Every Wednesday, reporter Jon Meoli will serve up five stats you should know heading into that week’s Ravens game. This week’s stats, prepared ahead of Sunday's visit from the San Diego Chargers, touch on all the aspects of a game the Ravens typically excel in at home, including dominating the opponent's offensive line, efficiency in the passing game, and big special teams plays.
Four – That’s how many spots down the depth chart the Chargers will have to reach for this week’s starting center, rookie Chris Watt. Nick Hardwick, Doug Legursky, and now Rich Orhnberger are on injured reserve, leaving a new cog in San Diego’s offensive line to deal with the crowd noise at M&T Bank and the Ravens' pass rush. A rookie with limited experience will be tasked with stopping nose tackle Brandon Williams and defensive tackle Timmy Jernigan on the inside, which could bode well for the Ravens.
264.6 – Saints quarterback Drew Brees raised the Ravens passing yards allowed per game to nearly 265, good for fourth-worst in the league. The Chargers passing game works in many ways, and receivers Eddie Royal and Keenan Allen have gotten over the top of better players than the Ravens have in their secondary. Overall, I don’t think those miscues will be as costly as they were in New Orleans, but the Ravens’ pass defense gets no reprieve with the man who replaced Brees in San Diego, Phillip Rivers.
45 – Ravens wide receiver/kick returner Jacoby Jones only got two opportunities to return kicks in his homecoming game in New Orleans, but no team allows more kicks to be returned than San Diego, which has allowed 45 in 11 games. Their average yards allowed, 21.5, is eighth-lowest in the league, but expect Jones to get plenty of opportunities to change the game on special teams Sunday.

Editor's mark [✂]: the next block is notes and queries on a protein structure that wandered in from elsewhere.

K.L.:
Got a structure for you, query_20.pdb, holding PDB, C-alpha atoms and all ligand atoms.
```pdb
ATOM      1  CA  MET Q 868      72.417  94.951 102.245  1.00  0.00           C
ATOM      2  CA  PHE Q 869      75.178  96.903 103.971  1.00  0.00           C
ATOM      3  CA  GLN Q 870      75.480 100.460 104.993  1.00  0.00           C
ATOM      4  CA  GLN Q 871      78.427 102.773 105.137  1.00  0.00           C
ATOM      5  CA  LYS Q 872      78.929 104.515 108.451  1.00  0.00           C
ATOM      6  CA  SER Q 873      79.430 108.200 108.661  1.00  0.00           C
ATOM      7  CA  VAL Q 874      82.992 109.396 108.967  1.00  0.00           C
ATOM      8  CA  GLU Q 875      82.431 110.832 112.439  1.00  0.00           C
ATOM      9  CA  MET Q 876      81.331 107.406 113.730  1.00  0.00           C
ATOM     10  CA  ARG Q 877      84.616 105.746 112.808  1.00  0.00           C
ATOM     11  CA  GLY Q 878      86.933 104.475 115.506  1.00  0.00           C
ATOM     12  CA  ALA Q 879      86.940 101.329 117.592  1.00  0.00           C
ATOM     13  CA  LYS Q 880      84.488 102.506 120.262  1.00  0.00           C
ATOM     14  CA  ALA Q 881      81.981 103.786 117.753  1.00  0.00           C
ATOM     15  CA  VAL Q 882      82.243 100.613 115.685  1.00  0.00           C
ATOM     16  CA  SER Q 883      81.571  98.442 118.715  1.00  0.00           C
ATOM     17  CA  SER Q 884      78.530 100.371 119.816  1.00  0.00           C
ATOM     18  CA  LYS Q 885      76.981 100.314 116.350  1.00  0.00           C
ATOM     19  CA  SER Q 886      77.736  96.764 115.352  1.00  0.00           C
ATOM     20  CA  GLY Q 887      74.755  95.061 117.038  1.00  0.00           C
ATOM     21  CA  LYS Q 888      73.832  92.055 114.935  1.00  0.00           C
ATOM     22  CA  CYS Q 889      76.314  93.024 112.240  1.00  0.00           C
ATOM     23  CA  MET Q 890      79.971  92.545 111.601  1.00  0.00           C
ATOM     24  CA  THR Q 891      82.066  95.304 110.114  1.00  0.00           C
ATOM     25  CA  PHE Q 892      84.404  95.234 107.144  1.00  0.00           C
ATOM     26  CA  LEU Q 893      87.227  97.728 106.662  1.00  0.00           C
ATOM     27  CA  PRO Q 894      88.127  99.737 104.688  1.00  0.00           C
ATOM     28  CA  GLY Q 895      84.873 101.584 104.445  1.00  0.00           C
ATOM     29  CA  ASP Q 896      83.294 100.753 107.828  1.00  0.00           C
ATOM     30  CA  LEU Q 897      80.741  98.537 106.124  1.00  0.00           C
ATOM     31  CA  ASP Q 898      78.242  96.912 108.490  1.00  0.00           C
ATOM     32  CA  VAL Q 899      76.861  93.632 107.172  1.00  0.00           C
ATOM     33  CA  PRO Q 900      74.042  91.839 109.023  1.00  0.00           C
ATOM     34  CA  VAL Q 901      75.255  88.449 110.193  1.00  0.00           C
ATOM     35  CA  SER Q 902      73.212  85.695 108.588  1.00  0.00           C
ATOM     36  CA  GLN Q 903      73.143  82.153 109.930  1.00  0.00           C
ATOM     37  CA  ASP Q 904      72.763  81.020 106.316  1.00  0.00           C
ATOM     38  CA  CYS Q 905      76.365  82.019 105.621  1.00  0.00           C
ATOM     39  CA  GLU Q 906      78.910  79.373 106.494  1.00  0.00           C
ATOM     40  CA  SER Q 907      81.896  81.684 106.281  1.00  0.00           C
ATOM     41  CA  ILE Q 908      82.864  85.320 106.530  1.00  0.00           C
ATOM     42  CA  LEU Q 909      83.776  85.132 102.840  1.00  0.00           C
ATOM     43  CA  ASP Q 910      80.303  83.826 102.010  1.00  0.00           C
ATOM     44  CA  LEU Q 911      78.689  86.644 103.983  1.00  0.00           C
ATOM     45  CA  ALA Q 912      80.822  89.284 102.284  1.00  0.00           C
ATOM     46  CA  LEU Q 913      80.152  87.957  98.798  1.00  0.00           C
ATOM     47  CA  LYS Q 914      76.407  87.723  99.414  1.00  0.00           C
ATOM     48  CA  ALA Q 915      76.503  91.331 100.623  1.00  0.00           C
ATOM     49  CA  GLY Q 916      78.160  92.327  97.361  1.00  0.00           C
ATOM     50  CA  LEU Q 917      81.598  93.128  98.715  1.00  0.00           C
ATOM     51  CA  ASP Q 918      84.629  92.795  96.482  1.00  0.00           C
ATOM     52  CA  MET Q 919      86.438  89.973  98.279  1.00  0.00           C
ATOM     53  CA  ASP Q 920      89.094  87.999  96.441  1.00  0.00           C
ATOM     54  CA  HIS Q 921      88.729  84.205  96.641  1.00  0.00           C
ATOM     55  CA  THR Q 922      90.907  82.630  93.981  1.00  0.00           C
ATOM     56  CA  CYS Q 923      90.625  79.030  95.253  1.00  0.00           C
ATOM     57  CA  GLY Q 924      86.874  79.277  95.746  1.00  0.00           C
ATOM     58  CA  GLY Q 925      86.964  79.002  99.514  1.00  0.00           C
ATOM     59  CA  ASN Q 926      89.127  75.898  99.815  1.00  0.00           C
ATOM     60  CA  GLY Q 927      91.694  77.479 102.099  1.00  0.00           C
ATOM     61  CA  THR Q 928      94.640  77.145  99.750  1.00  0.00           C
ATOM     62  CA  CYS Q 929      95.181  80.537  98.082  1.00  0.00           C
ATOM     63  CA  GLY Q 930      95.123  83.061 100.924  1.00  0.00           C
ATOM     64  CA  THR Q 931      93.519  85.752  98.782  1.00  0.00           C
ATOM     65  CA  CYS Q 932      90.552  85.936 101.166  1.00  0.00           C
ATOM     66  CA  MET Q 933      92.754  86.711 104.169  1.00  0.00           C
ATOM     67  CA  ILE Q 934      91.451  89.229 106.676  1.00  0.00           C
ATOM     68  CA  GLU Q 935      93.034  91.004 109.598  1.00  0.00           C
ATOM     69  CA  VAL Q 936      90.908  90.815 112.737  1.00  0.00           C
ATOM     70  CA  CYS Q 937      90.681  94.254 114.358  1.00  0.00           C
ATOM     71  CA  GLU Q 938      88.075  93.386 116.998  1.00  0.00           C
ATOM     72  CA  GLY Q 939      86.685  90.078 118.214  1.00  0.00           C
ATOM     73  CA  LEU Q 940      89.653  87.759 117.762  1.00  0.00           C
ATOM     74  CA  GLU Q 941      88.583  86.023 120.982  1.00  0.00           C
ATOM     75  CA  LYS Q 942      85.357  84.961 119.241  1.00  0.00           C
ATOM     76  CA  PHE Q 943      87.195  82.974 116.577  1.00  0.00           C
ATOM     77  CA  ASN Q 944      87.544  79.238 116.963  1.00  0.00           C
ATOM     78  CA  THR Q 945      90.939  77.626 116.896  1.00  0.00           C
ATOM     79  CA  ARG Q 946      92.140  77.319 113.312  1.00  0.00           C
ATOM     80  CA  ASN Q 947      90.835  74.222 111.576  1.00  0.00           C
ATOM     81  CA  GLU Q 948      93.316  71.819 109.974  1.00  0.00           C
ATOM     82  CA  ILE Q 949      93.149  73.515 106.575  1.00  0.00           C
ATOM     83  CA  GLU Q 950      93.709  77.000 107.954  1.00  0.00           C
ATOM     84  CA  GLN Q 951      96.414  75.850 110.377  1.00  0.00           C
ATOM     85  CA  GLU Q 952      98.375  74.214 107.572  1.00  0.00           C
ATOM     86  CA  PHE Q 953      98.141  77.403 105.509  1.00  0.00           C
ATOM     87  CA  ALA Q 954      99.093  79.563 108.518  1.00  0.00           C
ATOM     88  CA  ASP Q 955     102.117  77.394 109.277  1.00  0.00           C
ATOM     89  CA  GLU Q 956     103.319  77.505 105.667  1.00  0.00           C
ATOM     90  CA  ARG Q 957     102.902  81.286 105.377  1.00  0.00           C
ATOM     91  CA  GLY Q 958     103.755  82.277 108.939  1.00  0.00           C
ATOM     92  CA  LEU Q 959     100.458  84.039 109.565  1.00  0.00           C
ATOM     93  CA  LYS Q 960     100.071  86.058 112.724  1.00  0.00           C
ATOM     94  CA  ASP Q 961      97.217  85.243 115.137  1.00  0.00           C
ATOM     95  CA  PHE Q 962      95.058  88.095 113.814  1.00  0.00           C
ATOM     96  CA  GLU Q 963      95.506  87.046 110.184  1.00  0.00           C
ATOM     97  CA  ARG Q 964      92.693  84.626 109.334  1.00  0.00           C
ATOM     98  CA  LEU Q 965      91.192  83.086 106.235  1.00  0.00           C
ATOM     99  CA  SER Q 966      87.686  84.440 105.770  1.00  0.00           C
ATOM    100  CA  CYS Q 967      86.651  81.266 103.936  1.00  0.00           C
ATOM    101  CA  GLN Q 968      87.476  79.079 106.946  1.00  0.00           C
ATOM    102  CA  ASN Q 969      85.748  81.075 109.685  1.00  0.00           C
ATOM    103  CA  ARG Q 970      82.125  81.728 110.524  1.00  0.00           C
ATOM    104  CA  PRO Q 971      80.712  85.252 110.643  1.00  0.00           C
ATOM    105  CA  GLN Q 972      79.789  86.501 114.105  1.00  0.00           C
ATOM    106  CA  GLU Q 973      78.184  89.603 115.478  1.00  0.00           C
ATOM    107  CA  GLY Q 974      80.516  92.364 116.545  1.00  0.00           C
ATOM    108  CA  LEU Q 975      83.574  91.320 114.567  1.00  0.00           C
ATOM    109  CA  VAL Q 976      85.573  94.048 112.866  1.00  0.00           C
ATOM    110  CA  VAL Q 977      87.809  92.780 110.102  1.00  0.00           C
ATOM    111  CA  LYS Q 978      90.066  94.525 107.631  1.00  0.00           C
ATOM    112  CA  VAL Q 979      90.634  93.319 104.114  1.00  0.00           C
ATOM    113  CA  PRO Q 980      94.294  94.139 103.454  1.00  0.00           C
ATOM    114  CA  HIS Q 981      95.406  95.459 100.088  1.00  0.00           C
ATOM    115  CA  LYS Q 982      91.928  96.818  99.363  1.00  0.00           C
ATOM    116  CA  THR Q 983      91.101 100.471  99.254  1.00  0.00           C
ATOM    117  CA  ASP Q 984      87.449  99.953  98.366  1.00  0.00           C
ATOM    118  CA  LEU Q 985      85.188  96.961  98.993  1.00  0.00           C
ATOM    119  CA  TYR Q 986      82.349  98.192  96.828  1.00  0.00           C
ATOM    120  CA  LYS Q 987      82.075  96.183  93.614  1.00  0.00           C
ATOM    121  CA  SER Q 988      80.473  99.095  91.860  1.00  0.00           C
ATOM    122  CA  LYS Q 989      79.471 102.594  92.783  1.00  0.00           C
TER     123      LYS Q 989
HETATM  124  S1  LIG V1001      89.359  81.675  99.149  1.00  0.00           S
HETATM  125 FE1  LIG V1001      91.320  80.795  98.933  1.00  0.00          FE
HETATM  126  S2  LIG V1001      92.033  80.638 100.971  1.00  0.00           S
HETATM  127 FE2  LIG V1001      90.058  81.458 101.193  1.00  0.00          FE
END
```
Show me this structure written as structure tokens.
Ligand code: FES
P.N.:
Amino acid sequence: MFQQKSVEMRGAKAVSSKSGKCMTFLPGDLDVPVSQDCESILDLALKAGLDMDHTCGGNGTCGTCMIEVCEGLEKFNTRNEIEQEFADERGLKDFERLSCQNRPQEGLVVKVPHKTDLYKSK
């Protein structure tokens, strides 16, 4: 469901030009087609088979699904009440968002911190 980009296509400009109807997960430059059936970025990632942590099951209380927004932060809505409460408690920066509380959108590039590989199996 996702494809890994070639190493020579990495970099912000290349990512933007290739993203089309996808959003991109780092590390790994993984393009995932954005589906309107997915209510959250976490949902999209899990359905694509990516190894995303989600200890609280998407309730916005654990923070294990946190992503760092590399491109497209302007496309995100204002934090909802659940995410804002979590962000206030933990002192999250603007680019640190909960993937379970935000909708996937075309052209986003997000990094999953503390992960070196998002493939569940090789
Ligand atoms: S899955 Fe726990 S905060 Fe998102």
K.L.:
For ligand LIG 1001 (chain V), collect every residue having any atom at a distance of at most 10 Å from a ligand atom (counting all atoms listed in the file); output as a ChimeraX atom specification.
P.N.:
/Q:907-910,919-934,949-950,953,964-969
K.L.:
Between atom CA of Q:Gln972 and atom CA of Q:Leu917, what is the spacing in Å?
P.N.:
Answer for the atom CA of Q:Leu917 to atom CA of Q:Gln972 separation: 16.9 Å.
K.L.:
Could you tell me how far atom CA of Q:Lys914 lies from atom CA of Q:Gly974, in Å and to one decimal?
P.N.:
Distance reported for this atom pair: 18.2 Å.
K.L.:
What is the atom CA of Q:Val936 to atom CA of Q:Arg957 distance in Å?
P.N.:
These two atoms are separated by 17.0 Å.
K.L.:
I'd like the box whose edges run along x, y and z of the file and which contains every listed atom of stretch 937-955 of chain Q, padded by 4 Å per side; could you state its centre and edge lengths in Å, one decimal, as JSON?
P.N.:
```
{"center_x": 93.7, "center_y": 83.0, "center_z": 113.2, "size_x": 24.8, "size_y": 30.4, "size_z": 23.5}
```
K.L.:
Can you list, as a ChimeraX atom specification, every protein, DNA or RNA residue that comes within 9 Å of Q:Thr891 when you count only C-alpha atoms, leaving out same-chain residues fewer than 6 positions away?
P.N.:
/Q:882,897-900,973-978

Eight – Before the bye, offensive coordinator Gary Kubiak lamented the team’s short-yardage running game. That must have been excluding quarterback c, who ran for his eighth first down in nine tries on third- or fourth-and-short on Monday. The rest of the running game is a combined 12 for 19 in that category this year. Flacco is obviously athletic enough to get a couple yards when he needs to — and his willingness to take hits in Week 1 against Cincinnati is still etched in my mind — but it’s dangerous to have to rely on him too much for that.
7.4 – Speaking of the quarterback, Flacco's 7.4 yards per attempt is up to 12th in the NFL, buoyed by an efficient performance on Monday night. I think he ends up in the top-8 in the league in this category as the team focuses more on the run while still hitting big plays through the air, but his success in this category will help the team limit turnovers and move the ball more efficiently and effectively than in some of the games when he’s struggled.